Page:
Intensive farming waste We have thousands of tonnes of chicken litter produced daily. with the recent(?) drought farmers were not using this for fertiliser.- Again into land-fill. I haven't even looked at pigs or cattle.
Paper Mill waste- wile this is uneconomic as an energy producer, (as it is about 70% water) pyrolising it is preferable to methane producing land-fill --as happens now
Wood-chips-- we cut down thousands of acres of forest, chip them and freight them to Japan for them to make origami (or char?)
Sewerage waste.-- God knows what happens to this. Soon we will have to start harvesting all the water from it. Pyrolysis can do this with some tweaking. Heavy metals? Why? What industry is putting its waste in the sewer?
Plantations Char -After you have charred all the waste, then start growing trees for charcoal (something that has been done and is being done in UK--on a sustainable basis for thousands of years) or stop making wood-chips out of them. Charcoal is far more valuable to society. What ever happened to the "paperless office"?
I am sure if you talk to the people selling this technology that they would have identified many other char-sources (Ask Adriana Downie, from BEST Energies Australia).
If "pyrolysis machines" can sell char for around $200 a tonne, investment in infrstructure becomes economically viable. Give them a carbon credit (or the farmer-or gardiner?) and everone is popping champaign corks.
If char is added to soil--Apart from reducing methane there is the possibility of harvesting water from waste (soon to be essential here).
reducing farmers inputs of water (saving energy from pumping etc)
reducing farmers inputs of fertiliser (which we are running out of)
reducing farmers' pollution by agricultual chemical and fertiliser run-off -(What will shortly kill the largest living organism on Earth-The Great Barrier Reef -it may even be too late to save it).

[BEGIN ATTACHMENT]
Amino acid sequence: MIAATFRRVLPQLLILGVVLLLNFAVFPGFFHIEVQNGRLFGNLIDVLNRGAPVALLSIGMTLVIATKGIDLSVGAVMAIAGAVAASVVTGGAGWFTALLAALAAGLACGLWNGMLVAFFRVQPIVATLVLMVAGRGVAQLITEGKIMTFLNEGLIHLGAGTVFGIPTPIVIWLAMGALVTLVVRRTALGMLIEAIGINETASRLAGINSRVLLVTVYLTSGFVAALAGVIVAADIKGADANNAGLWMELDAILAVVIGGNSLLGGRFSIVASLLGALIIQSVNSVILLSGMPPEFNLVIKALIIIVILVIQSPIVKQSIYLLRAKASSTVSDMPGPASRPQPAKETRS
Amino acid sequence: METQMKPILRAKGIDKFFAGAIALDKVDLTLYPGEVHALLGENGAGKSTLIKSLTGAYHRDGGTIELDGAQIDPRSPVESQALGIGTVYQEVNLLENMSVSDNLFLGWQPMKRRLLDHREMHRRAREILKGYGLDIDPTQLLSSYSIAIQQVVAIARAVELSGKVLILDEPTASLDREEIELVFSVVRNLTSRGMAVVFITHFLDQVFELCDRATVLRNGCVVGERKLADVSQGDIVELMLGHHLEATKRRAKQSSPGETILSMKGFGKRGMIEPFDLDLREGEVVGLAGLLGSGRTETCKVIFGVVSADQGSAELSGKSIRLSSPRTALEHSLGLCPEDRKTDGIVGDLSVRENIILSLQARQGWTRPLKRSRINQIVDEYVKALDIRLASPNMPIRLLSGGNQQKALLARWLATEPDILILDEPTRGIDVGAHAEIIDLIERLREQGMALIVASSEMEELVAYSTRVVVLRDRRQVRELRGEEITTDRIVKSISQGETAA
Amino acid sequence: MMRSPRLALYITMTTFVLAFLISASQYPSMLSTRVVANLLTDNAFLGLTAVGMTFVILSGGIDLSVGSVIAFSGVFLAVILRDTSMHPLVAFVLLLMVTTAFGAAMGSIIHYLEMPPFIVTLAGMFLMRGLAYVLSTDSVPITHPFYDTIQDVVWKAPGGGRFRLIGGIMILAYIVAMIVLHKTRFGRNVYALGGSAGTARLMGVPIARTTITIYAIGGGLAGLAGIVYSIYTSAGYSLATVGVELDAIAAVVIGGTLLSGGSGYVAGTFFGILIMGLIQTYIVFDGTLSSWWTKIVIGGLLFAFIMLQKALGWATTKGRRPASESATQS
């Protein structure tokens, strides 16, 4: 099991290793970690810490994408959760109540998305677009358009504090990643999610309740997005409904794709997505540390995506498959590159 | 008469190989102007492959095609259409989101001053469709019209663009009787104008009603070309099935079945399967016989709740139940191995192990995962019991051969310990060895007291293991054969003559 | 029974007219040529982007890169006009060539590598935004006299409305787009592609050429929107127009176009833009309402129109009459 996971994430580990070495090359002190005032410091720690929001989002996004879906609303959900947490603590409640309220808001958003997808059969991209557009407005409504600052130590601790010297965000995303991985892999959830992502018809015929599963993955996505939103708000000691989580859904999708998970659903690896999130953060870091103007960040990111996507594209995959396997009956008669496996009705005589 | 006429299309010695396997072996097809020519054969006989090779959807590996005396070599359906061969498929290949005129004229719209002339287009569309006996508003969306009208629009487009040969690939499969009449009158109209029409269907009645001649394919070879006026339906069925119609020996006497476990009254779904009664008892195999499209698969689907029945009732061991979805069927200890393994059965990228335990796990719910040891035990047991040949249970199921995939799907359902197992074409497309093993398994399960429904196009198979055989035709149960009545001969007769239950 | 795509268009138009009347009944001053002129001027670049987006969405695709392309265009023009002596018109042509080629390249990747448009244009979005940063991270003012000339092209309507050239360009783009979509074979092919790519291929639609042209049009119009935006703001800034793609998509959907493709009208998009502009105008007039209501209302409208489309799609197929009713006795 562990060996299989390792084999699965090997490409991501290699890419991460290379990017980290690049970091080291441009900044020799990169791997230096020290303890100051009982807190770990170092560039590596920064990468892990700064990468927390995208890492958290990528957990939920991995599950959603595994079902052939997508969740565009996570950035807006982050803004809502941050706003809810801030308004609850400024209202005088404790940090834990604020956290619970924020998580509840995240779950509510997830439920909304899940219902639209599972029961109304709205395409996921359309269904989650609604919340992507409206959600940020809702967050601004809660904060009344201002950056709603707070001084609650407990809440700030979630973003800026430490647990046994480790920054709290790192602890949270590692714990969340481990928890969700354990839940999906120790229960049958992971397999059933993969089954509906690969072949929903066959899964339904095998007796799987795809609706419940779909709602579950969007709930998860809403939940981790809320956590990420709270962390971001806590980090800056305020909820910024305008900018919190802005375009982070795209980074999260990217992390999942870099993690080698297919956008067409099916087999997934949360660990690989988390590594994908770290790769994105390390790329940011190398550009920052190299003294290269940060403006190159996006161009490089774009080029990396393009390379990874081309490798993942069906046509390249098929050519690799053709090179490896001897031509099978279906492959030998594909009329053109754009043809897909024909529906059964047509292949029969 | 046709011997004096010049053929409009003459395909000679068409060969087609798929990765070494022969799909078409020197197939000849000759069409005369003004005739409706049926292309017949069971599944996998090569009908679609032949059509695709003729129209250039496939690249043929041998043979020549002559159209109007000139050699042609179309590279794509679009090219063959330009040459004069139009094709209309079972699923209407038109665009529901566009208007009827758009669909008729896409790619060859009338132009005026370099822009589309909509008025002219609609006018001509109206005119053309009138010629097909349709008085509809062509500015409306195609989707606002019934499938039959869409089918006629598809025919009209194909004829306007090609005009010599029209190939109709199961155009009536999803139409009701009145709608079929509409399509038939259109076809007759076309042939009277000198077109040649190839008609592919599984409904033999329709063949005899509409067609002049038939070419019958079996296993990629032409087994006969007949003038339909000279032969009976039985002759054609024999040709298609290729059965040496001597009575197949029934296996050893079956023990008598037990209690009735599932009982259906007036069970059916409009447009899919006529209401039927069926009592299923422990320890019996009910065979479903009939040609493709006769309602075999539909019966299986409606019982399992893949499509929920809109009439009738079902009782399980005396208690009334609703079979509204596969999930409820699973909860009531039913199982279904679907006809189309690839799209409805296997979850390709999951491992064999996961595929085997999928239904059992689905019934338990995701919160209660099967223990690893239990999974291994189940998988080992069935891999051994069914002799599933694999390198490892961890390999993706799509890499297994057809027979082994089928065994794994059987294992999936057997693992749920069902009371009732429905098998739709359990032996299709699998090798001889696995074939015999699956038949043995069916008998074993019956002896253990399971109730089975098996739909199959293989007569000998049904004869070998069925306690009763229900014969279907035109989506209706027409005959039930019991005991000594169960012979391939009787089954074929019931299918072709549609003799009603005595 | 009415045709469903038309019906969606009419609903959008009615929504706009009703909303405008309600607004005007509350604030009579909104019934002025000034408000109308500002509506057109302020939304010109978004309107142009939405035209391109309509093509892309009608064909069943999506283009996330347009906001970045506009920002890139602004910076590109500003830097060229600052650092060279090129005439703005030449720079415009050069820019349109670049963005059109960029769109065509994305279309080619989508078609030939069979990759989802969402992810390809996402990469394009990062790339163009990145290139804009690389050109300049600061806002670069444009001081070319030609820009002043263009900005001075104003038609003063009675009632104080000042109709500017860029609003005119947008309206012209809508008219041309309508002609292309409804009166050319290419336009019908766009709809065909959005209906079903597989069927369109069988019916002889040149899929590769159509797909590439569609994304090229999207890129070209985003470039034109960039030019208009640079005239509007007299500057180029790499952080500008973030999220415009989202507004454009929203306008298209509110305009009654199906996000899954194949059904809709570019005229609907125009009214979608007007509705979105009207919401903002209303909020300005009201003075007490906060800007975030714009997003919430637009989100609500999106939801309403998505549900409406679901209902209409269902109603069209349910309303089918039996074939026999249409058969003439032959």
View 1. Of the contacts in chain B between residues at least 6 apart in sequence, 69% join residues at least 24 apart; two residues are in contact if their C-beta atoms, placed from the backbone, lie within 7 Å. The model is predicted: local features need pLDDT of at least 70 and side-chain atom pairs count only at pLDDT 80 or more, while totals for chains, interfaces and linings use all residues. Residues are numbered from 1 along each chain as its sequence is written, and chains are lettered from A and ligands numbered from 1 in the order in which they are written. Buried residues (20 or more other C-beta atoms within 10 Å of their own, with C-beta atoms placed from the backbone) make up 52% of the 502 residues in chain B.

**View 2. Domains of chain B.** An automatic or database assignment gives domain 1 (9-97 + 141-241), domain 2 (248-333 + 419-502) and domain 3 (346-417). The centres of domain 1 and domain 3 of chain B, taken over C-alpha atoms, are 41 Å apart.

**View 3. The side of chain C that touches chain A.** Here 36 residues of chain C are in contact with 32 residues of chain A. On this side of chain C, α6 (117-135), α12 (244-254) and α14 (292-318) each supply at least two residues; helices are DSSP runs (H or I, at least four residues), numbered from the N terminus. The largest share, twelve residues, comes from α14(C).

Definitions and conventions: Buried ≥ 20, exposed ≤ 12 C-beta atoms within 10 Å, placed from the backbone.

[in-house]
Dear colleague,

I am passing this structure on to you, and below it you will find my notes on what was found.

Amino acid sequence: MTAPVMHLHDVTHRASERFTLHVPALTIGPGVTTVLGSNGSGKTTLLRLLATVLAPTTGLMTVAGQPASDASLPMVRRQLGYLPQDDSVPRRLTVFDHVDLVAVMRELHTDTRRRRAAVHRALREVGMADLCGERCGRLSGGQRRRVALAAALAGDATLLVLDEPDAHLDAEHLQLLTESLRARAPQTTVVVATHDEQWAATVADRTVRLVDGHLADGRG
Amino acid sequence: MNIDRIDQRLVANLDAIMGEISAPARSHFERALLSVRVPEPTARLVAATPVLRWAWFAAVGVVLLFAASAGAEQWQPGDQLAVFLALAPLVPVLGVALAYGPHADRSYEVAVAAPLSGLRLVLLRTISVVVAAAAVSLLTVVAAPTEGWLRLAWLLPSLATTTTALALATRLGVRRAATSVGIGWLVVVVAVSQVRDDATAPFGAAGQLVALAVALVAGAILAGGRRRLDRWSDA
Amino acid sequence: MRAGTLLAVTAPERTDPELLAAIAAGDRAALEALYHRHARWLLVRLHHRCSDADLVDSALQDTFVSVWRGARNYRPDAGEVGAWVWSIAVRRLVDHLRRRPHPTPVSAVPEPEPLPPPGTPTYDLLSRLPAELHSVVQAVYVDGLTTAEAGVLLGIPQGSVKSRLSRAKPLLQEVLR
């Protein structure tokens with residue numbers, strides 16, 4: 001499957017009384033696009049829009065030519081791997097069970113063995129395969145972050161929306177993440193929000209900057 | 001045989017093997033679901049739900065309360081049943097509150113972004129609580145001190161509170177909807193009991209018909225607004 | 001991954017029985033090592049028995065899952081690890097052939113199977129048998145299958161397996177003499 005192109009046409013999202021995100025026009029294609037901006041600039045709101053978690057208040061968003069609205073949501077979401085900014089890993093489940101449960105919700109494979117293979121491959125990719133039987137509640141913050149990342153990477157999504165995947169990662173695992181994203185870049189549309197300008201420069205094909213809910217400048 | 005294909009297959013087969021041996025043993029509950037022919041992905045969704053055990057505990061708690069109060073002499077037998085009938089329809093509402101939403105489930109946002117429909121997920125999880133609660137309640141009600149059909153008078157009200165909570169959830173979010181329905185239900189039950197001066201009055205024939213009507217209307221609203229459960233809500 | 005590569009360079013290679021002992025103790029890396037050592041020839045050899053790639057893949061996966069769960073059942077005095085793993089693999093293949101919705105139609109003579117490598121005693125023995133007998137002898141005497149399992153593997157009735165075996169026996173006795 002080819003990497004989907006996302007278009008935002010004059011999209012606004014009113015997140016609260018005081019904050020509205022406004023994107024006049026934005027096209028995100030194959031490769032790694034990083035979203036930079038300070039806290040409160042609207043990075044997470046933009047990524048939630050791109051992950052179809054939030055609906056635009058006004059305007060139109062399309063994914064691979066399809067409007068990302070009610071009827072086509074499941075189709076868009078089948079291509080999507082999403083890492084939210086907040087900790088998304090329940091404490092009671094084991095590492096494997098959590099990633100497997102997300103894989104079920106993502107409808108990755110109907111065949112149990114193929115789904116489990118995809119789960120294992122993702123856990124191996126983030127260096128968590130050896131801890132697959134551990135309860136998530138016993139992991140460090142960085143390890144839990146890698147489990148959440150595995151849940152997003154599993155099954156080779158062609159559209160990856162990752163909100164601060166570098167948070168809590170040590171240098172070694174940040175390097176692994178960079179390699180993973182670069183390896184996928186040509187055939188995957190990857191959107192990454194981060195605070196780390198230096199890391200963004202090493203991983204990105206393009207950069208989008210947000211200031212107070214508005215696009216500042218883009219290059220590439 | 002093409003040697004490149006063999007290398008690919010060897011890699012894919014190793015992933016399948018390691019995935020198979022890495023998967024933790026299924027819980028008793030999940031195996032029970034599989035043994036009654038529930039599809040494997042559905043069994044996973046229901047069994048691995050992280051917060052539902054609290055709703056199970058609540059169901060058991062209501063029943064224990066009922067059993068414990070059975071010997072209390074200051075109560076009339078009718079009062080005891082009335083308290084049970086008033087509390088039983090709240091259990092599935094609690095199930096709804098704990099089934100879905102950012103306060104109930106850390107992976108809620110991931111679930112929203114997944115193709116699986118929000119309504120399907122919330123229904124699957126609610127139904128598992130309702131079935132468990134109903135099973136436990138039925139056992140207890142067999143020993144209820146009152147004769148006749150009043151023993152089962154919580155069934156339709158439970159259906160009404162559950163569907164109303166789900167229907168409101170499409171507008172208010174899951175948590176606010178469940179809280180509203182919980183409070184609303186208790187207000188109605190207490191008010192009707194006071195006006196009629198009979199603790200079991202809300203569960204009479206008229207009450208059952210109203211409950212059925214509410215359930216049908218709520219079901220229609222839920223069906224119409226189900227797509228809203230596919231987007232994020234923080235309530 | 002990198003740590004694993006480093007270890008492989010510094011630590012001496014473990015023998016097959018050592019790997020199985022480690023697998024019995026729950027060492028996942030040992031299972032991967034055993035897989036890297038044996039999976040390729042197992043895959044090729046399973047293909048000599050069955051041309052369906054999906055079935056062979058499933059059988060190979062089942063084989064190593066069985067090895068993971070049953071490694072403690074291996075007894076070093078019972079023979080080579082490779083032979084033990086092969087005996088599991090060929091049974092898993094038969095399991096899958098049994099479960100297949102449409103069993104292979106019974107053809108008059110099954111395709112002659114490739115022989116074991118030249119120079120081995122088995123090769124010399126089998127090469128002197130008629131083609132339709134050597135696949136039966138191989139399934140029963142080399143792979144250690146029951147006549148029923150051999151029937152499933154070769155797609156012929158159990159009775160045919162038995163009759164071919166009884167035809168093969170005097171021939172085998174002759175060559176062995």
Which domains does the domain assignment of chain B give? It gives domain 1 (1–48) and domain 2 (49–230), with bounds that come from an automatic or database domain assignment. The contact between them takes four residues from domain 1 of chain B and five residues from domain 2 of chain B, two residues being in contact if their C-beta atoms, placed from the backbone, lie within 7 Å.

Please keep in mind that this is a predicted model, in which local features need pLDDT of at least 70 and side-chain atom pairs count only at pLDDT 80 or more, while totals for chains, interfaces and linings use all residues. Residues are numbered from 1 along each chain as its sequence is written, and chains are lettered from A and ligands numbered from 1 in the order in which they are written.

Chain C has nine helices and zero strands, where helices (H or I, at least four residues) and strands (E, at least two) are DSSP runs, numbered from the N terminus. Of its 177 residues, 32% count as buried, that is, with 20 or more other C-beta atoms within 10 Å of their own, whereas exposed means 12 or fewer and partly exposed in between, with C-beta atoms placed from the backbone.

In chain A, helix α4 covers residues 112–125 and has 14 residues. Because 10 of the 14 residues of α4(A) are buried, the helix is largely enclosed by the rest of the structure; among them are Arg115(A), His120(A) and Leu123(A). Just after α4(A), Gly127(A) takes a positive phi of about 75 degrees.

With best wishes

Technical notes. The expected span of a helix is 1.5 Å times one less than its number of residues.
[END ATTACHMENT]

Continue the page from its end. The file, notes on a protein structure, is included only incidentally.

In other words we have NO choice but to go with char. we should have started 5 years ago.
Be the change you want to see in the world – Ghandi
2009/9/5 John Seed <
Friends, this email from my long-time friend and forest-defending colleague George Marshall nicely sums up my own concerns about where biochar may be headed.
Would anyone care to assuage these concerns?
Beautiful funeral ceremony for Geoff Moxham yesterday, hundreds of well-wishers, lots of biochar in the eulogies,
for the Earth
----- Original Message -----
From: George Marshall
To: John Seed
Sent: Saturday, September 05, 2009 8:14 PM
Subject: My concerns with biochar
Lets assume for now that all the wondrous things ascribed to Biochar about soils and carbon sequestration etc are true. In a way it doesn't matter because my concerns apply whether it is true or not- it will still go into large scale production if there is enough commercial pressure for it. After all plenty of biofuels are net carbon emitters but they still get used because industry has lobbied for it.
Anyway my concerns are all about the source of biochar. I had not really thought about biochar until talking with my friend Anna Jenkins, formerly of FSC who is advising the Carbon Gold project in Belize